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Onward to Carterville

Eli Lake has, as he so often does, an important report out today on what appears to be the Obama administration’s desire to end, or at least threaten to end, the United States’ longstanding support for Israel’s nuclear ambiguity. This apparently is intended to complement outreach to Iran. Color me puzzled.

It’s hard to see how pressuring Israel over its weapons will generate leverage against Iran’s weapons, or how Tehran would value a “nuclear-free Middle East” more than a Middle East in which both Iran and Israel are nuclear powers. Or perhaps Obama believes that if the U.S. demonstrates even-handedness in scrutinizing Middle East nuclear programs, Iran will be more willing to negotiate away its own program.

The Iranians must be watching the spectacle of the Obama administration dragging Israeli nukes into the open with amazement. What could be better for Iran than somebody else’s weapons becoming the object of international attention? It was always probable that Iran, in the unlikely event that it succumbed to pressure, would demand a “nuclear-free Middle East” as a last-gasp bargaining position — but who could have expected that the Obama administration would make Iran’s case for it, and long before Iran was in a position to need to do so?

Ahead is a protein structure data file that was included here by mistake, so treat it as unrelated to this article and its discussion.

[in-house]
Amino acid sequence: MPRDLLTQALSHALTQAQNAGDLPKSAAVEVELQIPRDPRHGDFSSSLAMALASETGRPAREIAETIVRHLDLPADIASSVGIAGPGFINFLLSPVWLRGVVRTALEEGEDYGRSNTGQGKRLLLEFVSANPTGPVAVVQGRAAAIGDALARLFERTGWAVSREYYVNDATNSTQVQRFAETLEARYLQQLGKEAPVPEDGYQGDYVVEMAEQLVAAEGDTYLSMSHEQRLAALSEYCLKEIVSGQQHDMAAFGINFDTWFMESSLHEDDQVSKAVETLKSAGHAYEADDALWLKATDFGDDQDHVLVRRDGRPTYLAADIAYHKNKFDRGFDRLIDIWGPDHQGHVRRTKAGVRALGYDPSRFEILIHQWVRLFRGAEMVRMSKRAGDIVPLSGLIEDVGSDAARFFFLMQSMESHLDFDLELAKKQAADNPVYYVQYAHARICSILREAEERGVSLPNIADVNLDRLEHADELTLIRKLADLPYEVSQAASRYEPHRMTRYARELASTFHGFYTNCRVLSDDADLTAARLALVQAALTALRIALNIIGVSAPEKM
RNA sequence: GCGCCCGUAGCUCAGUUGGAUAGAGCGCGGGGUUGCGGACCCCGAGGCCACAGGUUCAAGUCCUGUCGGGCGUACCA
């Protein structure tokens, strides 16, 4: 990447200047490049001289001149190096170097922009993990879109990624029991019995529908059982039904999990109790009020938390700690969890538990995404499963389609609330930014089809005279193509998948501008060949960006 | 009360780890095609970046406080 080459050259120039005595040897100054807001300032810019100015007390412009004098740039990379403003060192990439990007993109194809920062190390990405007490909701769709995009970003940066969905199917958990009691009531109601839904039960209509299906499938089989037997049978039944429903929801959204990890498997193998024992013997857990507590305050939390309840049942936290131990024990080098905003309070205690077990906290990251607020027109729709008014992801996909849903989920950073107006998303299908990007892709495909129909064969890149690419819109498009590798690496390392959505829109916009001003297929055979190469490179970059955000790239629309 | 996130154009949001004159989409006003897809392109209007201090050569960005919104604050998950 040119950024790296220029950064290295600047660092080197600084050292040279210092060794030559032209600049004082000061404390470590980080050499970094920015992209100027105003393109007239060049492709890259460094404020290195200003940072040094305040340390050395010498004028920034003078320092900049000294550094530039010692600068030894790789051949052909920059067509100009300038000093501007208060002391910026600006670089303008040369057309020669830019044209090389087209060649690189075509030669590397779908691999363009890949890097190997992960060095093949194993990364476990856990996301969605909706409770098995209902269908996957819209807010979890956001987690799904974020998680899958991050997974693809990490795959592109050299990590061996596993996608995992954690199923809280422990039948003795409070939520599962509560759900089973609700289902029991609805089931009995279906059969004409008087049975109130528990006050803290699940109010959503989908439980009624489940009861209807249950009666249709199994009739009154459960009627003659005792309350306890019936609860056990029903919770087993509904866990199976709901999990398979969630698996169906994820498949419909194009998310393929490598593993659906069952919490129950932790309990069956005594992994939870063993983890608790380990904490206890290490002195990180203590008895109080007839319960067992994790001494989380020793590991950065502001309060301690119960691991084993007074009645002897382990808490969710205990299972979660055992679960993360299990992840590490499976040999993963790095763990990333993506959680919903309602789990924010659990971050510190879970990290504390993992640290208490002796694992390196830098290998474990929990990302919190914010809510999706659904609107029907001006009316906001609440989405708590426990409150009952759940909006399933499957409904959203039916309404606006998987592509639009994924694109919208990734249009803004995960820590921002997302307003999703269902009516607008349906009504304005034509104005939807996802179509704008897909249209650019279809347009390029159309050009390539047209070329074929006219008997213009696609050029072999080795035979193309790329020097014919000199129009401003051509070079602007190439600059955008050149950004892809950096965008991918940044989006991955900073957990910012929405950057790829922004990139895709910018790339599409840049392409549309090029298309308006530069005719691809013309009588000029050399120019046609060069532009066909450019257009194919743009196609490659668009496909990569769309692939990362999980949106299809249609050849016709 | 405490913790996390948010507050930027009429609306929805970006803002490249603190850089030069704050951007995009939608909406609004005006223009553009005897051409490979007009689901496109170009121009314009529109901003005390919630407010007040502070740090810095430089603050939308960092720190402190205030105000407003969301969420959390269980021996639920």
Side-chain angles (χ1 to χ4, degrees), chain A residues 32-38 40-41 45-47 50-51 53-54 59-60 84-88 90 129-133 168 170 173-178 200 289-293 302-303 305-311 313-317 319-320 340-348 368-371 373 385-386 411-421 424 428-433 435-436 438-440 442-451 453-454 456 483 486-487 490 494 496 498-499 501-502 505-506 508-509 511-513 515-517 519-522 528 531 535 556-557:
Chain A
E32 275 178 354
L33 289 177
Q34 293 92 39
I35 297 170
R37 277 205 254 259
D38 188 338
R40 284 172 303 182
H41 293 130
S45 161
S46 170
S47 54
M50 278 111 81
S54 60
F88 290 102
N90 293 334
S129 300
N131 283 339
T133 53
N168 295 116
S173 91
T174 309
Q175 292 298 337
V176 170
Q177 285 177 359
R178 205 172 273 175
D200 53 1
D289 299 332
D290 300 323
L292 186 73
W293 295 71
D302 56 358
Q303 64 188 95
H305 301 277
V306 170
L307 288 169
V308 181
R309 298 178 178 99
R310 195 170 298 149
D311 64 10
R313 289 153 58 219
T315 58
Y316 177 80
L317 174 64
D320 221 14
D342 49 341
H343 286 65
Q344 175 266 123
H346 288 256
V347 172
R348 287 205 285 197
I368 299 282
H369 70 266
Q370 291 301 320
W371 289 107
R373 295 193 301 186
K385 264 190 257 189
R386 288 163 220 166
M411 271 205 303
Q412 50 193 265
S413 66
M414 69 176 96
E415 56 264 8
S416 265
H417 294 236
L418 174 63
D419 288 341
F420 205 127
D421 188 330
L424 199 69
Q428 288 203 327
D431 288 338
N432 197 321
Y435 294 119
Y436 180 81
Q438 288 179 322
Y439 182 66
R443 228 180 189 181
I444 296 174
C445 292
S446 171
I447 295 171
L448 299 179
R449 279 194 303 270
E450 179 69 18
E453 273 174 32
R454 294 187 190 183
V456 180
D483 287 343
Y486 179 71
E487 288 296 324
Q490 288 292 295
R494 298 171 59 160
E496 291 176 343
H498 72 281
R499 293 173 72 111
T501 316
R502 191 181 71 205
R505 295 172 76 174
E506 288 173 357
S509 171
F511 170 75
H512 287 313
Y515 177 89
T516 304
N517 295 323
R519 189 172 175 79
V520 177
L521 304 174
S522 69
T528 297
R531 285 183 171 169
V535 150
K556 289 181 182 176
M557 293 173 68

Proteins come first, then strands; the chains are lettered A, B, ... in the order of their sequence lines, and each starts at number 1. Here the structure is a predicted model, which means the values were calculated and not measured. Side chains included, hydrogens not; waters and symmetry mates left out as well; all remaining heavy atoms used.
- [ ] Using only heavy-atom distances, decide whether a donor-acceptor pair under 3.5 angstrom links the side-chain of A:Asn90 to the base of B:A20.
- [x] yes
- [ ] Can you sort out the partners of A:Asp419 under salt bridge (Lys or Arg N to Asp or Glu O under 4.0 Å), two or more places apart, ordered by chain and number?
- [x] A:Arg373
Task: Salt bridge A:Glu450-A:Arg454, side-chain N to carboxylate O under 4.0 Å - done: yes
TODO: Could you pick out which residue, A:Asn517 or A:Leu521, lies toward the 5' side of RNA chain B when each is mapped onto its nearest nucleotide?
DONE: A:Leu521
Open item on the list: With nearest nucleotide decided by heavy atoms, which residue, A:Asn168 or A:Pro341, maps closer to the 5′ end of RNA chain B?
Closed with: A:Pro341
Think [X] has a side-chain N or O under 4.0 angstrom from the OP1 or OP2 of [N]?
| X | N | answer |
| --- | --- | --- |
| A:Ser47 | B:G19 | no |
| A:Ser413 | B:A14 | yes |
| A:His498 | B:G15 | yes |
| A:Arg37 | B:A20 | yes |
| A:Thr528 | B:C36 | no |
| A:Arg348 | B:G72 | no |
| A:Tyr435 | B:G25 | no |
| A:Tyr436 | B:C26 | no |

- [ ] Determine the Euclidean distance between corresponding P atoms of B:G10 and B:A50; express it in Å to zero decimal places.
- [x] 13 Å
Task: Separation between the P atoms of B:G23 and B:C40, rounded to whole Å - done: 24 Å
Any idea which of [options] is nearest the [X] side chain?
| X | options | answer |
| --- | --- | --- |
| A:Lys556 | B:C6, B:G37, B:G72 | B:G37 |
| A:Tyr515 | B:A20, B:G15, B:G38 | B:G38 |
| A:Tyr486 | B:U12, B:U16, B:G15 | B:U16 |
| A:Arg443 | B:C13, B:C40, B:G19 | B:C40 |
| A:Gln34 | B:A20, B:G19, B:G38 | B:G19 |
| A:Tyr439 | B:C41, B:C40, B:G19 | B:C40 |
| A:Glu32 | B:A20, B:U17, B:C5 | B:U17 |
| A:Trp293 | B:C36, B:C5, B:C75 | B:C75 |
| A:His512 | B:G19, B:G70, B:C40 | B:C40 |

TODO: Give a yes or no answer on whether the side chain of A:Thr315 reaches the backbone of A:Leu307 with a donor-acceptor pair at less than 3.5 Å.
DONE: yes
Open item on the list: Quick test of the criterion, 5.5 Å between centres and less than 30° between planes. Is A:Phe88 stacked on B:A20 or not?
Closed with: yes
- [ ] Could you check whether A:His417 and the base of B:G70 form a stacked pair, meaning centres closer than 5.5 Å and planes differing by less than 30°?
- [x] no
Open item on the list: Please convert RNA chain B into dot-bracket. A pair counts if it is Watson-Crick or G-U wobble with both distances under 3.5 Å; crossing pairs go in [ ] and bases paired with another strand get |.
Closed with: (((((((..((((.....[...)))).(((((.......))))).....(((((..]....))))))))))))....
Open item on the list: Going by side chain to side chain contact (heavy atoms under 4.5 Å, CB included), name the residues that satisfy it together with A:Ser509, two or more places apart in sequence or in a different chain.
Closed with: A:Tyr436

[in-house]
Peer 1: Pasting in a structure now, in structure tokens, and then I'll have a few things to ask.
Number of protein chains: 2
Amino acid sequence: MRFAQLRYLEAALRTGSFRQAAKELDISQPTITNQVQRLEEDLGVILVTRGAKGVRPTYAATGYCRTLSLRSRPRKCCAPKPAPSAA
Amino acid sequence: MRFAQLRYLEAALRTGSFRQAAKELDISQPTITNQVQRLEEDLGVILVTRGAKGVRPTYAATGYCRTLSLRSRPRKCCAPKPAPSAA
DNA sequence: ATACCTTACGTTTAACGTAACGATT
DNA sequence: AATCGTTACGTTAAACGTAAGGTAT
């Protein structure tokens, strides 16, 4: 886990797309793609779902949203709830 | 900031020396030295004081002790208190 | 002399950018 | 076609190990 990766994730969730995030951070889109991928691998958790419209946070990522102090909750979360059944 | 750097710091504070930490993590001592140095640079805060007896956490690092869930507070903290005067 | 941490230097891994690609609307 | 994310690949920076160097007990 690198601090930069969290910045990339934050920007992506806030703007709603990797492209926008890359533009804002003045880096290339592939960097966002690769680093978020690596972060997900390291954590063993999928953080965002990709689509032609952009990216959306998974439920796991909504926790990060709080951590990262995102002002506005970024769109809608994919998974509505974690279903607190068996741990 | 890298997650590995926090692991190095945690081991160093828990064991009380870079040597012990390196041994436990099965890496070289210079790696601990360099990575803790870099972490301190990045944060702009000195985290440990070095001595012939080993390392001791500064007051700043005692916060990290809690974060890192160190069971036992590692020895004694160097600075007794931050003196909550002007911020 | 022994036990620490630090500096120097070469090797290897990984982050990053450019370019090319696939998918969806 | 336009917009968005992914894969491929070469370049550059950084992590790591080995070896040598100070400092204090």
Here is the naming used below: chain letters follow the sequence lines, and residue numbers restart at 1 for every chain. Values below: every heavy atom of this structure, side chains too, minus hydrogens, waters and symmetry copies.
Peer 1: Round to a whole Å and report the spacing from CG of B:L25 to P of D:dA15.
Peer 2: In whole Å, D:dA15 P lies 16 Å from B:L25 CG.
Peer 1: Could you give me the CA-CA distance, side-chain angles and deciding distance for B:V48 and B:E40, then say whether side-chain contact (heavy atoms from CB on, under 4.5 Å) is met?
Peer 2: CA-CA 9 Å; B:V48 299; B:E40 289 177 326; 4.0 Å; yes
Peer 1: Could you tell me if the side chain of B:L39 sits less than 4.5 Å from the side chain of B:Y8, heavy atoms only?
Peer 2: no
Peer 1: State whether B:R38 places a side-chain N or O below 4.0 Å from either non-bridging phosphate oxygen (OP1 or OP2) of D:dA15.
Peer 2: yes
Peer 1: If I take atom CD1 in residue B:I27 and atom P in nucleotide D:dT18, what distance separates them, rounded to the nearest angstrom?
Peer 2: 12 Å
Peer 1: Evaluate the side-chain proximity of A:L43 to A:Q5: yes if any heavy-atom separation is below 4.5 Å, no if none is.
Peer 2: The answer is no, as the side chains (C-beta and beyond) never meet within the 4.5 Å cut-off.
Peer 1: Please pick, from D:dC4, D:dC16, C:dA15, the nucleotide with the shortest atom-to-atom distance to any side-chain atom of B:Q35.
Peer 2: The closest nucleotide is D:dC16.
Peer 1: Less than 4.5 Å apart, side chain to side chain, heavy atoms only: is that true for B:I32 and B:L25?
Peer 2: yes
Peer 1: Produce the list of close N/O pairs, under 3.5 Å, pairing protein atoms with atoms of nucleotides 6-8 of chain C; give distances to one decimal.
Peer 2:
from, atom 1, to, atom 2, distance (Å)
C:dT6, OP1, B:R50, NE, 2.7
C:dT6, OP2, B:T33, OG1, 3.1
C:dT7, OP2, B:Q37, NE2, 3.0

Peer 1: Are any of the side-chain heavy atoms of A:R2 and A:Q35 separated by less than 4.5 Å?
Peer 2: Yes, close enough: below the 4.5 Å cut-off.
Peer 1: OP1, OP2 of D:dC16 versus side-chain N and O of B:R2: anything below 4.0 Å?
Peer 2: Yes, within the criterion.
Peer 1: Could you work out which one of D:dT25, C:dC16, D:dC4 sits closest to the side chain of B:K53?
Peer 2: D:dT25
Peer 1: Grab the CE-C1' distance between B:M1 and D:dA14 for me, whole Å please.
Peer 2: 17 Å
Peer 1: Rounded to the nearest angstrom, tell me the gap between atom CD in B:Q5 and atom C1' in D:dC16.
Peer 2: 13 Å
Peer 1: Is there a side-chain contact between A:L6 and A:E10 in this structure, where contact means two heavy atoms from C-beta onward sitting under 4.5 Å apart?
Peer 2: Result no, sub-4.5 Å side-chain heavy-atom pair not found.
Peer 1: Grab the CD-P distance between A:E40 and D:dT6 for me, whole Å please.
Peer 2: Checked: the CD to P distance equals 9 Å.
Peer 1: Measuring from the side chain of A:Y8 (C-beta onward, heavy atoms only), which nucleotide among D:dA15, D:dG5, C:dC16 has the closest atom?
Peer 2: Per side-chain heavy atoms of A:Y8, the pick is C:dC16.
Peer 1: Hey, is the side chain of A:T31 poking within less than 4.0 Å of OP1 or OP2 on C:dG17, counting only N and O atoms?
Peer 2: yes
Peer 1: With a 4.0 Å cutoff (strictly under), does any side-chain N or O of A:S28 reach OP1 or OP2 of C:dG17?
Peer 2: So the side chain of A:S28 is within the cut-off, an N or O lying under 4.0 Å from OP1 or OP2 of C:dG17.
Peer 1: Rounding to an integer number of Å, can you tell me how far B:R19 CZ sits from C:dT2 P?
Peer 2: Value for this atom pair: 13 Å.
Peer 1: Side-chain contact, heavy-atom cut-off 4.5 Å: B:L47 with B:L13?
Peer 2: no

We also see in Lake’s report the emergence in Obama’s foreign policy of that acute strain of Carterism that cannot tell a friend from an enemy:

Bruce Riedel, a former senior director for the Middle East and South Asia on the White House National Security Council, said, “If you’re really serious about a deal with Iran, Israel has to come out of the closet. A policy based on fiction and double standards is bound to fail sooner or later. What’s remarkable is that it’s lasted so long.” Mr. Riedel headed the Obama administration’s review of strategy toward Afghanistan and Pakistan

Ah yes, double standards — they do terribly offend the delicate code of international justice to which the Islamic Republic of Iran adheres. And besides, what does it matter that one country is a democracy and a close ally and the other is a terrorist theocracy and sworn enemy? The important thing is even-handedness.

Khamenei and the boys must be marveling at all of this.



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